Difference between revisions of "Indians of Vermont"

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''[[United States|United States]] [[Image:Gotoarrow.png]] [[Vermont]] [[Image:Gotoarrow.png]] [[American Indian Genealogy|American Indian Research]] [[Image:Gotoarrow.png]] [[Indians_of_Vermont]]''  
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''[[United States|United States]] [[Image:Gotoarrow.png]] [[Vermont]] [[Image:Gotoarrow.png]] [[American Indian Genealogy|American Indian Research]] [[Image:Gotoarrow.png]] [[Indians of Vermont]]''  
  
 
The most prominent early Indian tribes in Vermont were the Abénaki and Mahican. The western Abénaki Indians were composed of subdivisions including Sokoki, Missisquoi, and Cowasuck. Most of the Indian tribes have disappeared from Vermont through warfare, disease, or migration.  
 
The most prominent early Indian tribes in Vermont were the Abénaki and Mahican. The western Abénaki Indians were composed of subdivisions including Sokoki, Missisquoi, and Cowasuck. Most of the Indian tribes have disappeared from Vermont through warfare, disease, or migration.  
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Nulhegan Band of the Coosuk Abenaki Nation, and Elnu Abenaki Tribe (See [http://www.abenakitribe.org/ Nulhegan Abenaki Tribe] of northeast Vermont.)<br>  
 
Nulhegan Band of the Coosuk Abenaki Nation, and Elnu Abenaki Tribe (See [http://www.abenakitribe.org/ Nulhegan Abenaki Tribe] of northeast Vermont.)<br>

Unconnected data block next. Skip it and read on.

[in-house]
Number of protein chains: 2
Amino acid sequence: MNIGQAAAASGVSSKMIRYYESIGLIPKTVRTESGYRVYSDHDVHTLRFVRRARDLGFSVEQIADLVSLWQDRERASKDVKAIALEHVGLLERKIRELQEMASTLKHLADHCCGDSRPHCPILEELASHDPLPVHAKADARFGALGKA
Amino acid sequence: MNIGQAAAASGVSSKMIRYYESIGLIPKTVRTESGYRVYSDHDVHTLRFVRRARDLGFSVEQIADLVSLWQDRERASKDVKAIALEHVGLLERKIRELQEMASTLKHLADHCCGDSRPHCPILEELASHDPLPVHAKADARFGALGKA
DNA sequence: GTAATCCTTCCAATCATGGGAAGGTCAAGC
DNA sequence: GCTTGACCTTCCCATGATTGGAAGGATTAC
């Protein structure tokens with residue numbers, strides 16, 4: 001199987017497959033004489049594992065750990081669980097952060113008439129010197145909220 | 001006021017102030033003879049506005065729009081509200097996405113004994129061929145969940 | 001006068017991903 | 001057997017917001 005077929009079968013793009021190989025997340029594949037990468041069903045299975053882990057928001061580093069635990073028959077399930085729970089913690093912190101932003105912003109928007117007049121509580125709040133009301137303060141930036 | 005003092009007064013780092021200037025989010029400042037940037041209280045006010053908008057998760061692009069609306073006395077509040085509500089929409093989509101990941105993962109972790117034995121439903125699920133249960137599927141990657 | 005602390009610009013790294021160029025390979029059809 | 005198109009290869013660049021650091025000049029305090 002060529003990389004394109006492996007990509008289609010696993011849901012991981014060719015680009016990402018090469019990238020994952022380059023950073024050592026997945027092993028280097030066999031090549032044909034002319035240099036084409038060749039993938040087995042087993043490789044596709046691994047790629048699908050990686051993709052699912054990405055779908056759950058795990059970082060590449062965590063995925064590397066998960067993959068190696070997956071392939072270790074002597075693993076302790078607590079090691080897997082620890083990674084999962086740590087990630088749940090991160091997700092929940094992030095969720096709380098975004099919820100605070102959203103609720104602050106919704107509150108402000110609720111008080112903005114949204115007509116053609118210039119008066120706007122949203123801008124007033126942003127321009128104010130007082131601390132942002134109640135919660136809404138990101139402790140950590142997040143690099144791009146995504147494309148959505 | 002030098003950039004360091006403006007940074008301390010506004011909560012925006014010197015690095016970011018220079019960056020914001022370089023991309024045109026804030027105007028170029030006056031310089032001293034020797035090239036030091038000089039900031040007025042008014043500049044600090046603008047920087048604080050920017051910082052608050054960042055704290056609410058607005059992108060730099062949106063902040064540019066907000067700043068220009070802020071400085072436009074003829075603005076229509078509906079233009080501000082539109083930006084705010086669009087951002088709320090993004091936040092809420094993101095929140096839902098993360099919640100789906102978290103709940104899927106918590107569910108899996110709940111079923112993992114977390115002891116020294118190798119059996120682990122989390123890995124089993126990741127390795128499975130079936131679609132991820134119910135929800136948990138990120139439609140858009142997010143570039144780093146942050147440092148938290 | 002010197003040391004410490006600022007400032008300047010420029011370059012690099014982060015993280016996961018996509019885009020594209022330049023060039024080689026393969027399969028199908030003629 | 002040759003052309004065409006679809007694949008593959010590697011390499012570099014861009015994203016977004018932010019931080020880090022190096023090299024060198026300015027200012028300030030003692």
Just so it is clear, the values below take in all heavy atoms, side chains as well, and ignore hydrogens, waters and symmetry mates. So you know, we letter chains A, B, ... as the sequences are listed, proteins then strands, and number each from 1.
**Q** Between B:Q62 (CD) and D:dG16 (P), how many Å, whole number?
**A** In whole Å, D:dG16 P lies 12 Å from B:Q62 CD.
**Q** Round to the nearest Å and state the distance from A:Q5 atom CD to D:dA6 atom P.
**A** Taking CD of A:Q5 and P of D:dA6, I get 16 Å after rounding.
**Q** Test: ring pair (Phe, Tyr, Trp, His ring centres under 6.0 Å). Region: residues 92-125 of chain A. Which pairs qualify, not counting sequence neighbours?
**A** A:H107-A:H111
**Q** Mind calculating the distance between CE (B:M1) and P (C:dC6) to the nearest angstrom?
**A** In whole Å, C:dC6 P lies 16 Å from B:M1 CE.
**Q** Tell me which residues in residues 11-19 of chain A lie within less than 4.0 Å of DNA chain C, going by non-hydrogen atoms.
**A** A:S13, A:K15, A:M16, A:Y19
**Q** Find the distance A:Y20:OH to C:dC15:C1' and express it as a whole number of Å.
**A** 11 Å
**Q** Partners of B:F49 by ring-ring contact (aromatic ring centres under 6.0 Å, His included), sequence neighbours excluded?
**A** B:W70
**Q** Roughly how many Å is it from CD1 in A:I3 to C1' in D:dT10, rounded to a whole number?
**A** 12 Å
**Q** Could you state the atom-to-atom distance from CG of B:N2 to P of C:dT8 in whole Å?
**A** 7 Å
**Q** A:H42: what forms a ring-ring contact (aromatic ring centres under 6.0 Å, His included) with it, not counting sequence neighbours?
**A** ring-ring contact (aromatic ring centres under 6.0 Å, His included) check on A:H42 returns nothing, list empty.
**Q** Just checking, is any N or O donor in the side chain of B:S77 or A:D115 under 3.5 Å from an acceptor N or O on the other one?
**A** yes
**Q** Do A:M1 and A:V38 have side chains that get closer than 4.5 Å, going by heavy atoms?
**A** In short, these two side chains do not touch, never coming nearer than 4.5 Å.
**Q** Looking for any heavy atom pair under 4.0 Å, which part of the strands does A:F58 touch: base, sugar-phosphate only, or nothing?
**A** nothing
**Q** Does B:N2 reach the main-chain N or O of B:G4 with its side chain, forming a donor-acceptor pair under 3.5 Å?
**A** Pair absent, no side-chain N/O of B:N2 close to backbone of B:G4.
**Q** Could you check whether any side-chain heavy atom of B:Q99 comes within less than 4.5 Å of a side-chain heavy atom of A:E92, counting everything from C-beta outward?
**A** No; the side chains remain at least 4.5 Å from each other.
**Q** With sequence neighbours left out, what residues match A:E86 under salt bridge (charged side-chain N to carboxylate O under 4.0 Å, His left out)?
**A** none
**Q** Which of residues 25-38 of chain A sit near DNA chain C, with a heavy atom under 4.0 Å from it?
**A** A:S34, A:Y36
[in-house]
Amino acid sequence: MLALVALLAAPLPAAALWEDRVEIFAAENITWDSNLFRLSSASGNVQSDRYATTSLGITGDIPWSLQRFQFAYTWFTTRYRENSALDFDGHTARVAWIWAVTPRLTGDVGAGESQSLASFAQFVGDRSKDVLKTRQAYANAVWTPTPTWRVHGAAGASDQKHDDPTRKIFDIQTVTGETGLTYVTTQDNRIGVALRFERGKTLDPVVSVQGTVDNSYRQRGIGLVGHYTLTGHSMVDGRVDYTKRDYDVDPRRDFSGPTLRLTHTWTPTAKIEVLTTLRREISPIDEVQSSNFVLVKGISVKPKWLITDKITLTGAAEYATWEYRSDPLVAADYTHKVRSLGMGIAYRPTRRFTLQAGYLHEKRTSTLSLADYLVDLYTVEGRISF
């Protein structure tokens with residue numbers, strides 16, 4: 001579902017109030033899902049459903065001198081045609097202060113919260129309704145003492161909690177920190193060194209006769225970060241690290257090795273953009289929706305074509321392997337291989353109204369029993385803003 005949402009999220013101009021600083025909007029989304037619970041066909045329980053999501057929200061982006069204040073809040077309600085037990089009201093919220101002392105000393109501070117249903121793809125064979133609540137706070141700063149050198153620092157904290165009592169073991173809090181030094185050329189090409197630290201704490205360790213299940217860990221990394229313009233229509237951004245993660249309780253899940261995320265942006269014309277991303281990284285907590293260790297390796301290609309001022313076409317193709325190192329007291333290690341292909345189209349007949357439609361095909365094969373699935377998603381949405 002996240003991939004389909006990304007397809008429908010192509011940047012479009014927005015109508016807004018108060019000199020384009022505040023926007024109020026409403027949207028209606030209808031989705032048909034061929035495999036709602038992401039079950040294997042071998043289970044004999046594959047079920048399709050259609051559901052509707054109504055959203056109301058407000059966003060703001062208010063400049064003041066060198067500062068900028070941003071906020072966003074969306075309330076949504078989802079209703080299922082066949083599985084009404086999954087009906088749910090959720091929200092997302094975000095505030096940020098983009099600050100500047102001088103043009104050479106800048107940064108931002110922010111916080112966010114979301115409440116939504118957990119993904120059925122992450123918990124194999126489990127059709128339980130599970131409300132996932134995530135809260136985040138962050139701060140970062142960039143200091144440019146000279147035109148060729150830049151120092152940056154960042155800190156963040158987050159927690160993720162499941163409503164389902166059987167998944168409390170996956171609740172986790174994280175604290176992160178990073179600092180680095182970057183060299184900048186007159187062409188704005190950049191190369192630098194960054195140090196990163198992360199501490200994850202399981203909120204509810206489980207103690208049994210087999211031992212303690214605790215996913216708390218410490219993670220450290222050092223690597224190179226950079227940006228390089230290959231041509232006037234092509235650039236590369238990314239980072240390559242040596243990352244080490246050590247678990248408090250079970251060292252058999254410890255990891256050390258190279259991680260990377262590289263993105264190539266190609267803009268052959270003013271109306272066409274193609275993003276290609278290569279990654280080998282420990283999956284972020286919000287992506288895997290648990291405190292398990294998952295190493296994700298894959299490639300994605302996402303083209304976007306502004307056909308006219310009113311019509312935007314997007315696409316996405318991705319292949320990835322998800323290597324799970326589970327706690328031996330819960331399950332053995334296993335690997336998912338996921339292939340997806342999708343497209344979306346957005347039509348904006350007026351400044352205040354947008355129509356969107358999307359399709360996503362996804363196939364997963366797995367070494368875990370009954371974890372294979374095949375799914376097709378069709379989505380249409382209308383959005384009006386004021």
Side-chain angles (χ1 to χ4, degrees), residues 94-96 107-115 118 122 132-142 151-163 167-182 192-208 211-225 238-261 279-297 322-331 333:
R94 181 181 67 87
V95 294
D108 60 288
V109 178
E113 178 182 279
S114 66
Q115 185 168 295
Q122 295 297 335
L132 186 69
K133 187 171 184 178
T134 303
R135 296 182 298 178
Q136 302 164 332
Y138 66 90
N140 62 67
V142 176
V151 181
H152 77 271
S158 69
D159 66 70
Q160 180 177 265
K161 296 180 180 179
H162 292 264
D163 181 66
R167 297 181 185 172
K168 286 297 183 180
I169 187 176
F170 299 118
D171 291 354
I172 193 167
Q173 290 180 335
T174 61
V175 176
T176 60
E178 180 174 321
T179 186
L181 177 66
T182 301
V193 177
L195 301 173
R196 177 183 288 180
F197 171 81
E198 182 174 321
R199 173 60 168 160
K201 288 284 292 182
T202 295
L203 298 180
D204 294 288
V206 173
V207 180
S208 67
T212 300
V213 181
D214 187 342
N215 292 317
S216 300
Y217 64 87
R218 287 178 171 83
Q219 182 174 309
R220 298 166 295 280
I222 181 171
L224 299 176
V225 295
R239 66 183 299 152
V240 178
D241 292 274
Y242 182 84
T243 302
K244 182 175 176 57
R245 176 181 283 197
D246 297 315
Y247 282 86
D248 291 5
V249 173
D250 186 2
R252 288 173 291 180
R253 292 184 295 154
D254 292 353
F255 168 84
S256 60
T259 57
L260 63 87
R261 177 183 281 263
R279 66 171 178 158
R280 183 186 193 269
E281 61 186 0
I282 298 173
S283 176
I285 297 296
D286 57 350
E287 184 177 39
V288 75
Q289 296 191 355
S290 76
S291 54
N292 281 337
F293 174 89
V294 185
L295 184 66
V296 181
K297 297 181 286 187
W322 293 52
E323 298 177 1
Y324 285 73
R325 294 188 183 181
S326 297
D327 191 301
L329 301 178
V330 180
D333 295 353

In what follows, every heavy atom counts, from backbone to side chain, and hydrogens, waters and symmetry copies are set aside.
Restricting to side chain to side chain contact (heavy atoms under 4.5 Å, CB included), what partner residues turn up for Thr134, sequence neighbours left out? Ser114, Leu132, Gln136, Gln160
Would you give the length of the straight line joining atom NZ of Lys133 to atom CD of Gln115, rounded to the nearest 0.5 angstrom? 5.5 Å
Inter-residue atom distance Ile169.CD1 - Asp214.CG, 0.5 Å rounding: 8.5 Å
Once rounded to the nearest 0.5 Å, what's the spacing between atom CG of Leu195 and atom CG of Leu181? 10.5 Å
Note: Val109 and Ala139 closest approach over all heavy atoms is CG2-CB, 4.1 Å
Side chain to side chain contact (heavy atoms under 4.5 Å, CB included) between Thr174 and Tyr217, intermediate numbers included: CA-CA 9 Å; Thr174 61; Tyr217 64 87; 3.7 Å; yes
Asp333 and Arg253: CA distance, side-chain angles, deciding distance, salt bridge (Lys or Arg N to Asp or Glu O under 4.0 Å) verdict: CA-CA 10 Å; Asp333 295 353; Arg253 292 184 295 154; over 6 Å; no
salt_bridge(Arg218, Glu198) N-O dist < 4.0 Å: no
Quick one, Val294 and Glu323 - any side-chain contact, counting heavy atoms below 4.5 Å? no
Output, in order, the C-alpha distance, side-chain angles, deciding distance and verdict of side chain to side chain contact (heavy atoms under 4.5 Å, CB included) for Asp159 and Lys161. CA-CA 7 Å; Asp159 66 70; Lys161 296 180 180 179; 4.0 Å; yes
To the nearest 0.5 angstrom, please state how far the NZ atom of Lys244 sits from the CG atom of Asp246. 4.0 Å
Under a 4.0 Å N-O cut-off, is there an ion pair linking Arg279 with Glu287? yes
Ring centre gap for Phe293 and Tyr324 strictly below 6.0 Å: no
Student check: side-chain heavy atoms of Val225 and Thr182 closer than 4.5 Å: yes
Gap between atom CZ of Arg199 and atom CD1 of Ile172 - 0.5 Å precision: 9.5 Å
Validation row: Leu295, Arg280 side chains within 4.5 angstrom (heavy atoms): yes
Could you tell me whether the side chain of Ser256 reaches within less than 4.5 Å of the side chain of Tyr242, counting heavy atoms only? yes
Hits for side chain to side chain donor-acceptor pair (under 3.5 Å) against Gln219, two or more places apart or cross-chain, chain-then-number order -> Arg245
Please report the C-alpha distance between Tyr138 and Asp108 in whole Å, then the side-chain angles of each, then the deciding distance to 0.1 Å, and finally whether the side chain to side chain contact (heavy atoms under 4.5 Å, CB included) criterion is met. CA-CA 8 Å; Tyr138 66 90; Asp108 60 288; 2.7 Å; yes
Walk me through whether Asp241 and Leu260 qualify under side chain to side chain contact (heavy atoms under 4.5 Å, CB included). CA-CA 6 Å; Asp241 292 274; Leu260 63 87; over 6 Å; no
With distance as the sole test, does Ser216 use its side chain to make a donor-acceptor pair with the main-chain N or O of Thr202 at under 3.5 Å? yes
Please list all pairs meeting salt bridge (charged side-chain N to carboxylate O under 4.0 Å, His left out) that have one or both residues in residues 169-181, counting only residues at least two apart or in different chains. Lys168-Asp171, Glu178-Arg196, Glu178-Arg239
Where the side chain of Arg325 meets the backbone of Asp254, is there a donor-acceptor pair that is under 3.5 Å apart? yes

'''History'''<br>
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'''History'''  
  
 
For the history of American Indians in Vermont, see:  
 
For the history of American Indians in Vermont, see:  
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== Repositories  ==
 
== Repositories  ==
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[http://www.americanancestors.org/home.html The New England Historic Genealogical Society] has resources on New England Native peoples.
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[http://vermonthistory.org/index.php?option=com_content&task=view&id=13&Itemid=31 Vermont Historical Society] - You can find articles about Vermont Indians in the VHS publications ''Proceedings of the Vermont Historical Society'' (1860–1943), ''Vermont Quarterly'' (1944–1953), and ''Vermont History'' (1954–present). These periodicals and the Periodical Source Index (PERSI), which could be used to find articles on Indians, are discussed in [[Vermont Periodicals]].